Downtown pig slaughterhouse on hold, residents breathe easier

A pig slaughterhouse that has operated for almost 100 years in downtown Toronto has for now ceased operations, a move causing temporary relief for residents who have long complained about the abattoir's odour.

Unclear whether Quality Meats closure is temporary or permanent

Quality Meat Packers has been processing pigs for almost 100 years but has, for now at least, ceased operations. Residents who live near the plant have complained about the smell. (David Donnelly/CBC)

A pig slaughterhouse in operation for almost 100 years in downtown Toronto has for now ceased operations, a move causing temporary relief for nearby residents who have long complained about the abattoir's odour.

Quality Meat Packers — which employs 700 people — has applied for court protection from its creditors.

Located at Tecumseth and Niagara Streets since 1916, the plant processes more than 6,000 hogs on a typical operating day.

Once situated in an industrial area of the city, the plant is now at the heart of a booming downtown district that has undergone extensive condo development in recent years.

Smell doesn't sit right with residents

The close co-habitation of abattoir and condo dwellers has led to complaints about the smell from the plant. During sultry summer days when the winds are still, the odour can be overpowering. But the slaughterhouse predates the condos, so King West residents can only wait and hope the pig plant will one day move elsewhere.

The plant and the smell it generates is a constant topic of conversation inside the dog enclosure at Stanley Park, located across the street from the plant.

Resident Betsy Gray told CBC's Mary Wiens that dog walkers in the area are often disheartened to see truck after truck loaded with pigs — their snouts protruding through the side panels — roll toward their fate at the plant.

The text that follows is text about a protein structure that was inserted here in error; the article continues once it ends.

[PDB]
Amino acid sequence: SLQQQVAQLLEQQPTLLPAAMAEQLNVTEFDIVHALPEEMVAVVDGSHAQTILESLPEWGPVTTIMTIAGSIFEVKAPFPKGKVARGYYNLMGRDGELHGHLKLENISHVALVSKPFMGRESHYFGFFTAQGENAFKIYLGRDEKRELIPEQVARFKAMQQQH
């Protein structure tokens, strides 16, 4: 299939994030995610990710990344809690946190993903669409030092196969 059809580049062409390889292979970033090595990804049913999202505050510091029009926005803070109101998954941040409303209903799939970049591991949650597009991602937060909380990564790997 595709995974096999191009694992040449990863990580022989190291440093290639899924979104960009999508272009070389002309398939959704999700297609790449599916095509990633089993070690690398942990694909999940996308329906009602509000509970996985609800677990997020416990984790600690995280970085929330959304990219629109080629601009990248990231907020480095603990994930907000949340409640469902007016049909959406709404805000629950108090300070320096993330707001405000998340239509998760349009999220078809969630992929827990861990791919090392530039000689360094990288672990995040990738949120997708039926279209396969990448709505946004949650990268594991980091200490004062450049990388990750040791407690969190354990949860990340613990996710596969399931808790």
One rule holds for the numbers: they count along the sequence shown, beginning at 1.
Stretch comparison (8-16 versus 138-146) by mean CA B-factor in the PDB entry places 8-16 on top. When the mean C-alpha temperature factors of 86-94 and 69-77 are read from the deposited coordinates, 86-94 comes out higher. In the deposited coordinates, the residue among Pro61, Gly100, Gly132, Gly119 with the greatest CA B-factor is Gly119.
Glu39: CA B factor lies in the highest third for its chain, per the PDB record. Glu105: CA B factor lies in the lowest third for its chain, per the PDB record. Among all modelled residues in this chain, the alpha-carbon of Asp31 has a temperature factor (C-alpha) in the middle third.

"I'm a vegan," she said. "Sometimes the trucks are backed up on the street and all you hear are these poor pigs screaming."

Mark Pesci has mixed feelings about the plant. He visits Stanley Park up to five times a day to walk his dog and though he doesn't care for the smell, he also feels for the Quality Meats employees.

"Every spring, just as the flowers grow, so does the scent of blood and fresh kills coming from the slaughterhouse," he said. "Some days, you don't notice it. The issue is the days you can't help but notice it."

"People need to work and I wouldn't want people to lose their jobs," he added.

Metro Morning spoke on Monday with Ron Davidson of the Canadian Meat Council. He wasn't aware of the issues affecting Quality Meats, but spoke generally about the troubles affecting the pork industry.

He said farms in Canada are producing fewer hogs, a move that has pushed up pork prices.  When prices rise, demand for the product can fall, which puts pressure on processing plants.

"Processors do not have any control over how much consumers are willing to pay," he told host Matt Galloway. "They have to recover the price they pay for the hogs, plus fixed costs."

It's not clear whether the shutdown at Quality Meats is temporary or permanent. The company has said it does not want to speak to reporters about the future of the plant.

With files from CBC's Mary Wiens


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